SAGE Journal Articles

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Journal Article 1: Pratt, T. C., Holtfreter, K., & Reisig, M. D. (2010). Routine online activity and Internet fraud targeting: Extending the generality of routine activity theory. Journal of Research in Crime and Delinquency, 47, 267–296.

Abstract: Routine activity theory predicts that changes in legitimate opportunity structures (e.g., technology) can increase the convergence of motivated offenders and suitable targets in the absence of capable guardianship. The Internet has fundamentally changed consumer practices and has simultaneously expanded opportunities for cyber-fraudsters to target online consumers. The authors draw on routine activity theory and consumer behavior research to understand how personal characteristics and online routines increase people’s exposure to motivated offenders. Using a representative sample of 922 adults from a statewide survey in Florida, the results of the regression models are consistent with prior research in that sociodemographic characteristics shape routine online activity (e.g., spending time online and making online purchases). Furthermore, indicators of routine online activity fully mediate the effect of sociodemographic characteristics on the likelihood of being targeted for fraud online. These findings support the routine activity perspective and provide a theoretically informed direction for situational crime prevention in a largely unexplored consumer context.

Journal Article 2: Coyne, M. A., & Eck, J. E. (2014). Situational choice and crime events. Journal of Contemporary Criminal Justice, 31, 12–29.

Abstract: This article explores offender choice and the concept of rationality. We begin by presenting two traditional perspectives on rationality, the first being the pure economic model and the second being the sociological perspective from traditional criminologists. We then address a potential middle ground known as bounded rationality. This part of the article reviews contemporary developments in brain and cognitive sciences, which shed light on the complexity of how people make choices. We then question the usefulness of the term rational choice and instead suggest that situational choice may be a more useful term. We conclude by using situational choice to link crime science and life course/developmental perspectives and discuss broad applications of situational choice.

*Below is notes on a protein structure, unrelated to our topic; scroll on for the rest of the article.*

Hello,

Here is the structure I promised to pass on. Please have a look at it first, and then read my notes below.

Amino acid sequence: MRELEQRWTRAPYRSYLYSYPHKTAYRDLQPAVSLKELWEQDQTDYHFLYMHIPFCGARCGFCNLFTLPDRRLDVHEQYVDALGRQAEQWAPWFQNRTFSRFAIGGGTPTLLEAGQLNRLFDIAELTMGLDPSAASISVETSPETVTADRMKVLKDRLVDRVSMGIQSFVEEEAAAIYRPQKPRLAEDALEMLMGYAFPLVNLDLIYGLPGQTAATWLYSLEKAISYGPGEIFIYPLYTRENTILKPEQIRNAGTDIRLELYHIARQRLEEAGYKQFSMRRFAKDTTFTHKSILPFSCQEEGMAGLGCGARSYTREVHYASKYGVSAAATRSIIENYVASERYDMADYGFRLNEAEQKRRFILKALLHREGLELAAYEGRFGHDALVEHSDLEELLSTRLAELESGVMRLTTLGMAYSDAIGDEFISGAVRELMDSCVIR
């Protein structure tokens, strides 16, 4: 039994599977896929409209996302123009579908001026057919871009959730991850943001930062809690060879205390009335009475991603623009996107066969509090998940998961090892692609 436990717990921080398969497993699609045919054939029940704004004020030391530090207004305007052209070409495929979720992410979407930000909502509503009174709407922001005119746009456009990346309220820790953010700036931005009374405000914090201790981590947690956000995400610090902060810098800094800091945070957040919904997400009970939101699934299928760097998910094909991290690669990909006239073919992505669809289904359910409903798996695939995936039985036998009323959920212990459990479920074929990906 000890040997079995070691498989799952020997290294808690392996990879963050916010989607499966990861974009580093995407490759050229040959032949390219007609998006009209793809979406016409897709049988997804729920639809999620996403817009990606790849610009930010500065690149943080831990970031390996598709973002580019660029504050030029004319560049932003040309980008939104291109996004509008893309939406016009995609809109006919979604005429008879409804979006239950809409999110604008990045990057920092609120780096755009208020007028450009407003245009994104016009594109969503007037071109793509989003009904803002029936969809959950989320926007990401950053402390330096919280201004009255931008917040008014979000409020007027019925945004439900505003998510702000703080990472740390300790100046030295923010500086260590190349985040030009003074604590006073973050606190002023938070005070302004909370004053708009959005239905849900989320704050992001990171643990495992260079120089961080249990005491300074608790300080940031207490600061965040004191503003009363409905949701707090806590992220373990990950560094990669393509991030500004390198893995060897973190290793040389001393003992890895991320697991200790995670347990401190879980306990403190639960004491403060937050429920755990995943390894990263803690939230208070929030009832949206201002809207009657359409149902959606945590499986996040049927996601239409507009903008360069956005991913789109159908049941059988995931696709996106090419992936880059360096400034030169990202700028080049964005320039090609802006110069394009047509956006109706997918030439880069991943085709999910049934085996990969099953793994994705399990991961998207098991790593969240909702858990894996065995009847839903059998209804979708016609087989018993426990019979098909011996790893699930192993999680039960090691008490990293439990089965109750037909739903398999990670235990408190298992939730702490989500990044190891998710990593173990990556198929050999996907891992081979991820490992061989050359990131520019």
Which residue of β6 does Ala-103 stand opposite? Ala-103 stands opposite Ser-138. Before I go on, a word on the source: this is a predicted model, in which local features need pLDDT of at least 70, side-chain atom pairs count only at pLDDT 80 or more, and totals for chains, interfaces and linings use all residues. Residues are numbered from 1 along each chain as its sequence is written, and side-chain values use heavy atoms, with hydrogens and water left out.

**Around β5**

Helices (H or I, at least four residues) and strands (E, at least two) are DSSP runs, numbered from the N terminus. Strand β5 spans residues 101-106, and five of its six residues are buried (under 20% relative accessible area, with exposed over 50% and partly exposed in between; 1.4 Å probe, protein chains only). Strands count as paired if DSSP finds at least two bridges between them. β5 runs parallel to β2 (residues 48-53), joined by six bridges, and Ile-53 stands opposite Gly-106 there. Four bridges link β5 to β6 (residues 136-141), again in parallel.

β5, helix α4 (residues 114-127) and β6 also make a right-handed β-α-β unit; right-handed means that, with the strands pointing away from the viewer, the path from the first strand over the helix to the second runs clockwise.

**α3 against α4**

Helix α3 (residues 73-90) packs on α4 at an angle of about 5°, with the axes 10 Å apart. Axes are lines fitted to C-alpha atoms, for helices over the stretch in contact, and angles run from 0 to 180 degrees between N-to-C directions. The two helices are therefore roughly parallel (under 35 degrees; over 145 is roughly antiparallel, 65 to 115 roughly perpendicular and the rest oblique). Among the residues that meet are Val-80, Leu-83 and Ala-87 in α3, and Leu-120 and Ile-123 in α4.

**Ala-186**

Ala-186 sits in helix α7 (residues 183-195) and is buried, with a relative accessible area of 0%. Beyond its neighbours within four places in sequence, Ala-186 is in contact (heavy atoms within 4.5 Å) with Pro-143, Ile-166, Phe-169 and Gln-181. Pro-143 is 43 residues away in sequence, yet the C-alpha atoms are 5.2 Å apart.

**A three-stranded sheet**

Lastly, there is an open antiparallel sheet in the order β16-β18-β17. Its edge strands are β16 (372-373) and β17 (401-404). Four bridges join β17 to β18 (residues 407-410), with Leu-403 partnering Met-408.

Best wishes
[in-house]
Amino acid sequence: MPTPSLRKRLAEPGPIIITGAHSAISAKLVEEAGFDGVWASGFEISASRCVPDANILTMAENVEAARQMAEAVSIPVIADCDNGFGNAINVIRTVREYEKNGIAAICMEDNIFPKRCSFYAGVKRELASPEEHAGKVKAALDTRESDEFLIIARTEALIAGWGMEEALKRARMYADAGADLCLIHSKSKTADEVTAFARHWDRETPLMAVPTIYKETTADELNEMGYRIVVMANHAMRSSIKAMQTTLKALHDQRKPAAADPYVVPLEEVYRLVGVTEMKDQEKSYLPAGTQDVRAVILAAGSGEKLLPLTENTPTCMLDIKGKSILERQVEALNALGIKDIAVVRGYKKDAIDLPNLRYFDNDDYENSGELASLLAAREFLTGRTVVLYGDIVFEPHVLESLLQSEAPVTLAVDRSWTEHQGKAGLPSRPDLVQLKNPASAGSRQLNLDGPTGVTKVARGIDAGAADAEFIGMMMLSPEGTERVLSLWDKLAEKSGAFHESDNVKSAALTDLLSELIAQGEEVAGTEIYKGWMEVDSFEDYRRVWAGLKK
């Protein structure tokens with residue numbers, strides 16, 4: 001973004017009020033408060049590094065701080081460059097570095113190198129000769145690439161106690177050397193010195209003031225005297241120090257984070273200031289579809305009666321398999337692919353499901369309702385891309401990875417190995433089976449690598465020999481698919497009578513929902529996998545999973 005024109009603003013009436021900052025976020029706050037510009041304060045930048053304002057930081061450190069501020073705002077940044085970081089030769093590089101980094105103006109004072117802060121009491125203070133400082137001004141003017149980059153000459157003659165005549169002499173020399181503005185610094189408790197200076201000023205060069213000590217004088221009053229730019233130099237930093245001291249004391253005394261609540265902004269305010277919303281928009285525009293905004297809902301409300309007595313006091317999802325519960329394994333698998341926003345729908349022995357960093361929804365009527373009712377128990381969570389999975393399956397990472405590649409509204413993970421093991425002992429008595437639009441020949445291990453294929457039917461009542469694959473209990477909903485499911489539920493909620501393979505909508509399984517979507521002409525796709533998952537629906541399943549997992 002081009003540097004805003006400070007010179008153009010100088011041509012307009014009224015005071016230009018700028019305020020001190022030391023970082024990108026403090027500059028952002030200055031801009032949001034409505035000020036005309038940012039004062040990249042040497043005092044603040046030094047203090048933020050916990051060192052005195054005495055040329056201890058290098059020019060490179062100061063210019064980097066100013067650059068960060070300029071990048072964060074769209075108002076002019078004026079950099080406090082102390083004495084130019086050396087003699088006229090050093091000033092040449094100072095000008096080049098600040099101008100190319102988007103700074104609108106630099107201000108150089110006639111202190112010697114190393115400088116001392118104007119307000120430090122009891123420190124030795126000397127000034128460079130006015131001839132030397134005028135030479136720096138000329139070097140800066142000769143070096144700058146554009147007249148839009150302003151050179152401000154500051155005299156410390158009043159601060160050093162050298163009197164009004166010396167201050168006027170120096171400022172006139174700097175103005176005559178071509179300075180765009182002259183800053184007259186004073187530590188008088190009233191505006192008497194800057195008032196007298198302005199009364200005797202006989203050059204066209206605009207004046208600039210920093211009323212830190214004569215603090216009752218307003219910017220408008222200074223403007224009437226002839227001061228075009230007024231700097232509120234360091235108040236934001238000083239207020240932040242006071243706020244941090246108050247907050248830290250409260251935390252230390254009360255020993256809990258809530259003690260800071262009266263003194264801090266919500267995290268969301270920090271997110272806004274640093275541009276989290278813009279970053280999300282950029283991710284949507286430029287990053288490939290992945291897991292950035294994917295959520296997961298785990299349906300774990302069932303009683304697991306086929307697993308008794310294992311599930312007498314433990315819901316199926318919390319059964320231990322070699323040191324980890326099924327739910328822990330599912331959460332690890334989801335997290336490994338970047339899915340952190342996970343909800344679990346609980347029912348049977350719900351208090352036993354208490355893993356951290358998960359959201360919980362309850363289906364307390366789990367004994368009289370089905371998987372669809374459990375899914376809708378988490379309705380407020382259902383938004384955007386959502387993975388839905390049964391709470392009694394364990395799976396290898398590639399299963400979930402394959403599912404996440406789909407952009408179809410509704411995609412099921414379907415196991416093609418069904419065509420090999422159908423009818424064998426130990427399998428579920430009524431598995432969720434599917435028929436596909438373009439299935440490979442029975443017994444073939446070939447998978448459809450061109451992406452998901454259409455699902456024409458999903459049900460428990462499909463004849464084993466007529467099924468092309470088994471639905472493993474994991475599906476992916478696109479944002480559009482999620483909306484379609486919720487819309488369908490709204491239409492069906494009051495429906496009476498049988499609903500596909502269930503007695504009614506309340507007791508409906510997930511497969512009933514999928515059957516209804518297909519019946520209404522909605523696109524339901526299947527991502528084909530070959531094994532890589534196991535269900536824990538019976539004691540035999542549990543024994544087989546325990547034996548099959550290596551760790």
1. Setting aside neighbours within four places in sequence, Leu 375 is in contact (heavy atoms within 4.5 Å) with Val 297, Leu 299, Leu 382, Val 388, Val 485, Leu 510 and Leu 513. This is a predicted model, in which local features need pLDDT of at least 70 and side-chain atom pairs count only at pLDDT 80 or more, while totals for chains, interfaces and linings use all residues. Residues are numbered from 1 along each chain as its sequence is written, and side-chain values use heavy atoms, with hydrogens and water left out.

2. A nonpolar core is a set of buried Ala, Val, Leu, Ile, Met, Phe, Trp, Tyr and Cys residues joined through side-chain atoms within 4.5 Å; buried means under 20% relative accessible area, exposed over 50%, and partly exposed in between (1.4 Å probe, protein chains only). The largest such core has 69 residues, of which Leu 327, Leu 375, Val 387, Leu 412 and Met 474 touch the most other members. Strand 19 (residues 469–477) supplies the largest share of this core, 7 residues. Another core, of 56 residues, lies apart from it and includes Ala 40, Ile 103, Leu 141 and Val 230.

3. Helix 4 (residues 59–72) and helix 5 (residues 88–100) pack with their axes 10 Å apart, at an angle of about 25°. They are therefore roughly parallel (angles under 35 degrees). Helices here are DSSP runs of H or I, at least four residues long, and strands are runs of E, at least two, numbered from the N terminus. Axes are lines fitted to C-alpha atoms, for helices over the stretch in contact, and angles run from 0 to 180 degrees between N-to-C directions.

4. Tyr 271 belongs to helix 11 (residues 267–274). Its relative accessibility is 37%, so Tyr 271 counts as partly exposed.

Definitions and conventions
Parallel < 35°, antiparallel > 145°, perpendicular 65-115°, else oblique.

Journal Article 3: McNeeley, S. (2014). Lifestyle-routine activities and crime events. Journal of Contemporary Criminal Justice, 31, 30–52.

Abstract: This article presents a review of the theoretical and empirical status of lifestyle-routine activities theory, along with a discussion of its utility for policy and practice. The article covers multiple theoretical applications of the theory at different levels of analysis, along with an overview of the empirical status of the theory for each of these applications. Particular focus is given to the lifestyle-routine activities explanations of individual victimization and offending, and the research on crime and place. Then, policy implications and existing practices based on the theory are presented. Finally, it is suggested that scholars and practitioners begin to focus on (a) the interaction of lifestyle with other factors, such as gender or delinquent values; (b) virtual places and online routine activities; and (c) the use of convergent settings to facilitate co-offending.